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2016 Volvo XC90 Pros and Cons: Why (Not) This Car?

2016 Volvo XC90 front quarter view

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Once upon a time the Volvo XC90 was the hottest crossover on the market. However, that time was 2003, and while the XC90 remained largely unchanged in the decade-plus that followed, the rest of the world did not. Competitors such as the Acura MDX and BMW X5 were fully redesigned twice during this period. Embarrassingly out-of-date towards the end of its run, the still "first-ever" XC90 didn't even bother showing up for the 2015 model year. But for 2016 Volvo's three-row crossover is all-new. My first impressions were promising. But does the second-ever XC90 drive and function as well as it looks?

More is at stake than seven-seat crossover sales. The new XC90 is the first all-new vehicle Volvo has developed since being sold by Ford to Geely Automotive Holdings--a Chinese company. Though China has passed the United States to become the world's largest auto market, no one thinks much of China's auto companies. Could Volvo possibly turn out an exceptional car under the ownership and control of one? They never quite managed this feat under the ownership and control of Ford.

Though still designed, engineered, and manufactured in high-cost Sweden (the 2016 S60 Inscription sedan is the first Volvo to be imported from China), the new XC90 is priced considerably lower than other European seven-seat crossovers. Plus I haven't yet driven what could prove to be its most direct competitor once it reaches dealers next March, the 2017 Audi Q7. So I'll most directly compare the new XC90 to the last similarly sized, similarly priced seven-seater that impressed me, the Acura MDX.

XC90 Reviews: 2016 Volvo XC90 front quarter view

Sophisticated evolution of Volvo's traditional brick. The new Audi Q7 should look this good. more XC90 photos

XC90 Reviews: 2016 Volvo XC90 interior

In my first encounter with the new XC90, this interior blew me away.

Tested: 2016 Volvo XC90

4dr SUV twincharged 316hp 2.0L I4 8-speed shiftable automatic AWD

Compared: 2016 Acura MDX

4dr SUV 290-horsepower 3.5L V6 9-speed shiftable automatic AWD

Why the 2016 Volvo XC90?

  Compared to the MDX
Interior styling
Interior styling: Much better Better Worse

The new XC90's exterior attractively updates the brand's traditional brick without being as swoopy as some recent Volvo sedans. The surfaces are much more complex than they appear at first glance. But every curve and transition has been so artfully integrated that no particular detail grabs the eye. Instead, they form a quietly upscale whole that simply looks right. It doesn't hurt that the new XC90 is proportioned much better than most vehicles with sideways engines. Though the XC90 is only 1.2 inches longer than the Acura MDX (194.8 vs. 193.6), its wheelbase is 6.5 inches longer (117.5 vs. 111.0), yielding much tighter overhangs.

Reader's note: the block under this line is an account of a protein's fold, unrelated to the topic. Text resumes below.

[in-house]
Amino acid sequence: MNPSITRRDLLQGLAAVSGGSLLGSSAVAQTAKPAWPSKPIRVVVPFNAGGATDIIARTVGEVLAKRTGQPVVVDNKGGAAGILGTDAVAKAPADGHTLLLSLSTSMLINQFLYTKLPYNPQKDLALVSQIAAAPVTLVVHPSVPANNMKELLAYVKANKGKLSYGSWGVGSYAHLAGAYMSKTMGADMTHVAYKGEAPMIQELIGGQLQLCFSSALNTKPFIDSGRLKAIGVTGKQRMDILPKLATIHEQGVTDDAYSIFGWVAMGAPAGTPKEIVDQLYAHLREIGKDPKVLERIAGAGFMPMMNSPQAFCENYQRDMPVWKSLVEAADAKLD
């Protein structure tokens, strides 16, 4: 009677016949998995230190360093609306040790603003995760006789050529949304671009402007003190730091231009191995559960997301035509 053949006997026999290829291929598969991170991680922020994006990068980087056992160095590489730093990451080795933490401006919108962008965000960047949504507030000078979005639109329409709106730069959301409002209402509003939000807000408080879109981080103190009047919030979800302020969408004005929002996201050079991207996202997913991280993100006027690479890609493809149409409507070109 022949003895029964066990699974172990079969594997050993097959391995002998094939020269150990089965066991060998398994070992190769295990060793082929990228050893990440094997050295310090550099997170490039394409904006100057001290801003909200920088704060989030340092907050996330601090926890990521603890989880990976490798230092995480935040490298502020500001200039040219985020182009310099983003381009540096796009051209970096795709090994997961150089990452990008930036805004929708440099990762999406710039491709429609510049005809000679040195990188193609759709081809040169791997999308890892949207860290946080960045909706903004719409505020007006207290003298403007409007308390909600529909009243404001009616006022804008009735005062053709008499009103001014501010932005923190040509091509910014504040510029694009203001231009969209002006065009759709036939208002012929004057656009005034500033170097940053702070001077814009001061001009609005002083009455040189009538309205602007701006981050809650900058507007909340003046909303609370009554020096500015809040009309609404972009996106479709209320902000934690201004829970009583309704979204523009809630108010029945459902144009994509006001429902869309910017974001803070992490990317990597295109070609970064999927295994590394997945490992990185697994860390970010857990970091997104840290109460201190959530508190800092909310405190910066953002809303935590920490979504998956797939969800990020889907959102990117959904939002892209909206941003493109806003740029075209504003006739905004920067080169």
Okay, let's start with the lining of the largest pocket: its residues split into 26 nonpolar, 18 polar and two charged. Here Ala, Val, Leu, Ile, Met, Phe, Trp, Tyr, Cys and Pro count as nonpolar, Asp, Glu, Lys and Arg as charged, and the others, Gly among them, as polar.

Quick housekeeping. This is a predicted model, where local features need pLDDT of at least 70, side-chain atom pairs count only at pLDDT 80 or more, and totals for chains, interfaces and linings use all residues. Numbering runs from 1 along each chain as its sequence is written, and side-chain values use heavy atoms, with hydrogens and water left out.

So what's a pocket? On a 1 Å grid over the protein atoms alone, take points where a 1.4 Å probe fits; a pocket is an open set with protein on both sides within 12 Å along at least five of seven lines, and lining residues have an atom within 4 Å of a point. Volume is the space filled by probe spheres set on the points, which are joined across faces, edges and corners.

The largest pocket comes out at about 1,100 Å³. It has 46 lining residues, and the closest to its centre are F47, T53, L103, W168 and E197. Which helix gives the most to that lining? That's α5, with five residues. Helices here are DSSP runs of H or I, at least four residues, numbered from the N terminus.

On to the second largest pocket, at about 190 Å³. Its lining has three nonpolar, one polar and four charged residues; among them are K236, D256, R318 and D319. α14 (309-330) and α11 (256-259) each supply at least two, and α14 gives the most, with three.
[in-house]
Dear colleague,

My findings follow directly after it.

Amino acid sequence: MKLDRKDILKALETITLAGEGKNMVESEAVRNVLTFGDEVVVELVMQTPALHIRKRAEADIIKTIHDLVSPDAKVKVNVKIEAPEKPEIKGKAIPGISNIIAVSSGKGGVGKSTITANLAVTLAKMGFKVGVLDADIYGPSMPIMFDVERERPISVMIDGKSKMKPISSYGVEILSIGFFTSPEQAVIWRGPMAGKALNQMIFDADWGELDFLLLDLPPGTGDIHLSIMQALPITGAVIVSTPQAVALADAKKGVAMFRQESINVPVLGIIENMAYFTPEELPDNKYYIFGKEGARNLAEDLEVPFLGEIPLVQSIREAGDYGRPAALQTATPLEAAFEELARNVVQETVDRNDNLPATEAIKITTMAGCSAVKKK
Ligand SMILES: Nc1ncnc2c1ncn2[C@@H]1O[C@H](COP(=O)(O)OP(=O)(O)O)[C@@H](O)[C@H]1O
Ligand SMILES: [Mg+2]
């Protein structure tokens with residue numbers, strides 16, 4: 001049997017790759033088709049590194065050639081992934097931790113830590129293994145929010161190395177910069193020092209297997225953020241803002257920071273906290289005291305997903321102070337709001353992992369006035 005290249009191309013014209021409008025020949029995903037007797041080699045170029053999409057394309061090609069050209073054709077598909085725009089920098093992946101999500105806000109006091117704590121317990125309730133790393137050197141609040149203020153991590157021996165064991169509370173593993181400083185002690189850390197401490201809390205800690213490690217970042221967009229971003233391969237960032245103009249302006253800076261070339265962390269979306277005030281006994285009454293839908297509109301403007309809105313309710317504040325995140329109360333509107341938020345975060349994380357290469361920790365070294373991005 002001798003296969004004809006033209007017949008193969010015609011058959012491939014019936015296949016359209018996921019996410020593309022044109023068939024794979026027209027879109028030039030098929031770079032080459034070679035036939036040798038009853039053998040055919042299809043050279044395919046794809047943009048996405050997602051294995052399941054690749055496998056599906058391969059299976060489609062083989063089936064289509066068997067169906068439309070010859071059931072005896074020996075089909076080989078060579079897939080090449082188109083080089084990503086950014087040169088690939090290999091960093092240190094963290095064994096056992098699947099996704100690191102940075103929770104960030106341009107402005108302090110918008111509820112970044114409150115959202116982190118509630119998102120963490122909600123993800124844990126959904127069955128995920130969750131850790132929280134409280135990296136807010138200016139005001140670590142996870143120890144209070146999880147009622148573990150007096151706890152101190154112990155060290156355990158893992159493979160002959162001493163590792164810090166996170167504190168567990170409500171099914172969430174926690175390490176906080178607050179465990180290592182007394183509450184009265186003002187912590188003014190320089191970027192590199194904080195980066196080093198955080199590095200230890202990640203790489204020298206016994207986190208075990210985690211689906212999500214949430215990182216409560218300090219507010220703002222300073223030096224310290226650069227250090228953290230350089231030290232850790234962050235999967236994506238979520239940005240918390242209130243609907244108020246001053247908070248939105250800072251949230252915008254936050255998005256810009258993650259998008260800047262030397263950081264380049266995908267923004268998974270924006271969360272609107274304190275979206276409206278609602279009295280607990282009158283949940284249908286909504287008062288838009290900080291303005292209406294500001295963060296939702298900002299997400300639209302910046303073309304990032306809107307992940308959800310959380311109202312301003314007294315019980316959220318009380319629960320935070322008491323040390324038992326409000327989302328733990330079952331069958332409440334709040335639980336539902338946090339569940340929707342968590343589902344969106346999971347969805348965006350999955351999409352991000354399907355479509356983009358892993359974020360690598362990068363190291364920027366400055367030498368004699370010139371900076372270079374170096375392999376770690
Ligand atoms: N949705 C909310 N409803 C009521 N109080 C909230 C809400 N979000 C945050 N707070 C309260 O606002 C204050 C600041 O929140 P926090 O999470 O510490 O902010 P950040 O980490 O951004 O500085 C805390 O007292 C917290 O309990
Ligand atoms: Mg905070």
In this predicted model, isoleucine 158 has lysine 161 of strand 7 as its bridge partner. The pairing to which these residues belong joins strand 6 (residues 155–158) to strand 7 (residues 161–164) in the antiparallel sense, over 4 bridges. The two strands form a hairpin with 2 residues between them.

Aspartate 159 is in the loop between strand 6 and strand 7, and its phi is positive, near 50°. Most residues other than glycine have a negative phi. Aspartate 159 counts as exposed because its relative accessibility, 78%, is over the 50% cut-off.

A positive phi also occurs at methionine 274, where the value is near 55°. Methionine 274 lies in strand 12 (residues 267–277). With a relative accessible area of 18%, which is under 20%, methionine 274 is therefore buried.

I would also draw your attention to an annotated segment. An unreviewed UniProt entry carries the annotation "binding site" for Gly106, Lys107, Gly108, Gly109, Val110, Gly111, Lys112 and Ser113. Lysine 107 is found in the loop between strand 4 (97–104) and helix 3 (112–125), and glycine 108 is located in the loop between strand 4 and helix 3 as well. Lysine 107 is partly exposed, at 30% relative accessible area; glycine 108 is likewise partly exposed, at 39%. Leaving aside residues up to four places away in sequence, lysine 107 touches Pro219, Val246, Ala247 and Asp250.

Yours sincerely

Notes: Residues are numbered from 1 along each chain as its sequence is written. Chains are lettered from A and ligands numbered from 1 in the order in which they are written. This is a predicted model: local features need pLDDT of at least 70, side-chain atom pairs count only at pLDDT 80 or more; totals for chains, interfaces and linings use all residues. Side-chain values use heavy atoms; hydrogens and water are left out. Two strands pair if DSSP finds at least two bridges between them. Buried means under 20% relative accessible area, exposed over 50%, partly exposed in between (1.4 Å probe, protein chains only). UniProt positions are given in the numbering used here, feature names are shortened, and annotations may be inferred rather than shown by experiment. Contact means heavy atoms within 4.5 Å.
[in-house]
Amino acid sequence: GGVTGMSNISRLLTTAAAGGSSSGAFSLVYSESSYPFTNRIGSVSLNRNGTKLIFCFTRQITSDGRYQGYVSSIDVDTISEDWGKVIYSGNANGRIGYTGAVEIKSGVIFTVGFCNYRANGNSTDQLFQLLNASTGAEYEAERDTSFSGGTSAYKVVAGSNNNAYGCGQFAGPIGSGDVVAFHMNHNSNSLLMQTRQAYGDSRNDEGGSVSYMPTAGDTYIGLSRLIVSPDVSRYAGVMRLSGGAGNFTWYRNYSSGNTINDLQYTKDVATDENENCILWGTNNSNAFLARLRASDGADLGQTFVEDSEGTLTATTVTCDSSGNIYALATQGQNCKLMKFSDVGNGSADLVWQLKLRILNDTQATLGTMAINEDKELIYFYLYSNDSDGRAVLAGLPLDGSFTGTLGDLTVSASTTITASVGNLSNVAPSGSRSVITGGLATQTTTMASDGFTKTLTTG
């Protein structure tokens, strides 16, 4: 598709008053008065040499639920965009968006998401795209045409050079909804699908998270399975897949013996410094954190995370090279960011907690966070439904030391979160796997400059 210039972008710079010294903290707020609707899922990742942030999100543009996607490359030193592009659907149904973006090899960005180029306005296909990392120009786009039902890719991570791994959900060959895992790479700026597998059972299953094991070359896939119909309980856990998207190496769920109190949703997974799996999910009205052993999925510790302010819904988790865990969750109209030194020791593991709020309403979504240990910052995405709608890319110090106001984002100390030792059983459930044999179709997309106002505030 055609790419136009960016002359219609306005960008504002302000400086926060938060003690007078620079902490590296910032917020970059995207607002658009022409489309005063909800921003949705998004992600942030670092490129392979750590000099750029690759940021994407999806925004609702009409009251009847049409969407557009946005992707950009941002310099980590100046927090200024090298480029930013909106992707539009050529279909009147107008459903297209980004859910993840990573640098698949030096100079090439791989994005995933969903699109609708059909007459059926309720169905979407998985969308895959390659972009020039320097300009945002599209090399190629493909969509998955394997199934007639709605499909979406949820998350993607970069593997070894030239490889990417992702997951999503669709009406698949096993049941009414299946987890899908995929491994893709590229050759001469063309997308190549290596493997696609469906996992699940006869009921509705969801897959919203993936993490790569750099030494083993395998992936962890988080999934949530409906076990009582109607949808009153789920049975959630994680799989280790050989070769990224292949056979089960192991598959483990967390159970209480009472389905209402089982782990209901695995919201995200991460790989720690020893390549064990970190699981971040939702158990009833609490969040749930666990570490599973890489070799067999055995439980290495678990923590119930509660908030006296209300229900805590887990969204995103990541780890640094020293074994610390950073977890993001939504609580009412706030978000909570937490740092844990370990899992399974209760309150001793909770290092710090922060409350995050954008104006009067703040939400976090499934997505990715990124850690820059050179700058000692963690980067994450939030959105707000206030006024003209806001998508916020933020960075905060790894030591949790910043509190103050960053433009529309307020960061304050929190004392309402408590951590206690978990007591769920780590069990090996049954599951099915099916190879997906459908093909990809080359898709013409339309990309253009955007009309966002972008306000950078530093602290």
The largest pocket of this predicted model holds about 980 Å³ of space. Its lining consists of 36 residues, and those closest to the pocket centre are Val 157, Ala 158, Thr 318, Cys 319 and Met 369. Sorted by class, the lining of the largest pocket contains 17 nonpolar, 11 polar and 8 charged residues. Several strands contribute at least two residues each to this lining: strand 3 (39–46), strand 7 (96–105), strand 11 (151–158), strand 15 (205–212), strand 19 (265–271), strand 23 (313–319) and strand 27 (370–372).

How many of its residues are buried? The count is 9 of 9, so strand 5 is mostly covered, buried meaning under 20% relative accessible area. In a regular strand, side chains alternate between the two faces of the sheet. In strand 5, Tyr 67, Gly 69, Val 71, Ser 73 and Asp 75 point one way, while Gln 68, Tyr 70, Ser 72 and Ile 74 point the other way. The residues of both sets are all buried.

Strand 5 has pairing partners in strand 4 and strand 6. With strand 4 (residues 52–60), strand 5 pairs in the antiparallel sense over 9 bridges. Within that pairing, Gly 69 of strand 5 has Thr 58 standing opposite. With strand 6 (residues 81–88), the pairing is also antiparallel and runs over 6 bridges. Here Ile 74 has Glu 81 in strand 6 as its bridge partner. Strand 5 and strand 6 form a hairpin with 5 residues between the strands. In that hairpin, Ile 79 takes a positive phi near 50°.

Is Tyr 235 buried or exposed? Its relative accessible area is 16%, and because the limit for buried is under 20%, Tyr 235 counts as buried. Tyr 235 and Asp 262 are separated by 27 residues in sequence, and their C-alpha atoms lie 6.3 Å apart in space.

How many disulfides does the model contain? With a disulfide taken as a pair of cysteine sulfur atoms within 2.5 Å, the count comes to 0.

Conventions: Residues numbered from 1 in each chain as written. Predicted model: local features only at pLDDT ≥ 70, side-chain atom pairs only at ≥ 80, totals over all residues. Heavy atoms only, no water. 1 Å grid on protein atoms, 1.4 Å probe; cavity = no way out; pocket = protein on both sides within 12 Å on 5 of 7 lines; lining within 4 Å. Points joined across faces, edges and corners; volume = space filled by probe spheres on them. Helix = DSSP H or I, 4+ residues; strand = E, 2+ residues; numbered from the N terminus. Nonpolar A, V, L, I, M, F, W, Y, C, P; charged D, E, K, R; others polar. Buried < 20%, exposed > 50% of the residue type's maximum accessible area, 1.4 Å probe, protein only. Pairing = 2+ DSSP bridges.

The standard wheels are 19 inches in diameter on the base trim, and 20s on the R-Design (sport model) and Inscription (luxury model). These can be upgraded to 20s on the base model, 22s on the R-Design, and 21s (as on the tested vehicle) on the Inscription. For the best dressed box, get the R-Design in "bursting blue metaliic" with the 22s.

The real design story, though, is inside the new XC90. My first impression upon sitting inside one at the Detroit auto show back in January 2015:"Wow, this interior is fantastic." I was blown away.

The XC90 might be much less expensive than its European competitors, but you'd never guess this after sitting inside them. Inside the top-of-the-line XC90 Inscription, leather covers nearly every surface that isn't covered by matte-finished walnut. The hides on the seats and armrests feel luxuriously soft to the touch.

Beyond materials, the XC90's interior styling exudes good taste in the modern-yet-warm Scandanavian way. Large LCD panels for the instruments and infotainment interface push the edge of current tech, leaving the center stack nearly button-free, without engaging in visual gimmickry. No detail appears to have escaped thorough consideration by talented designers. Every review of the new XC90 seems to mention the gnurling on the "engine start" knob and drive mode selector, and this one apparently won't break the pattern.

The Acura MDX's interior approaches the Volvo's in neither design nor materials. Despite (or perhaps because of) plenty of shiny fake wood, it's a relatively pedestrian, even antiseptic place in which to spend time. For a combination of style and materials, it's possible that only the Range Rover Sport compares, and it's nearly 50 percent more expensive.

Feature availability
Feature availability: Much better Better Worse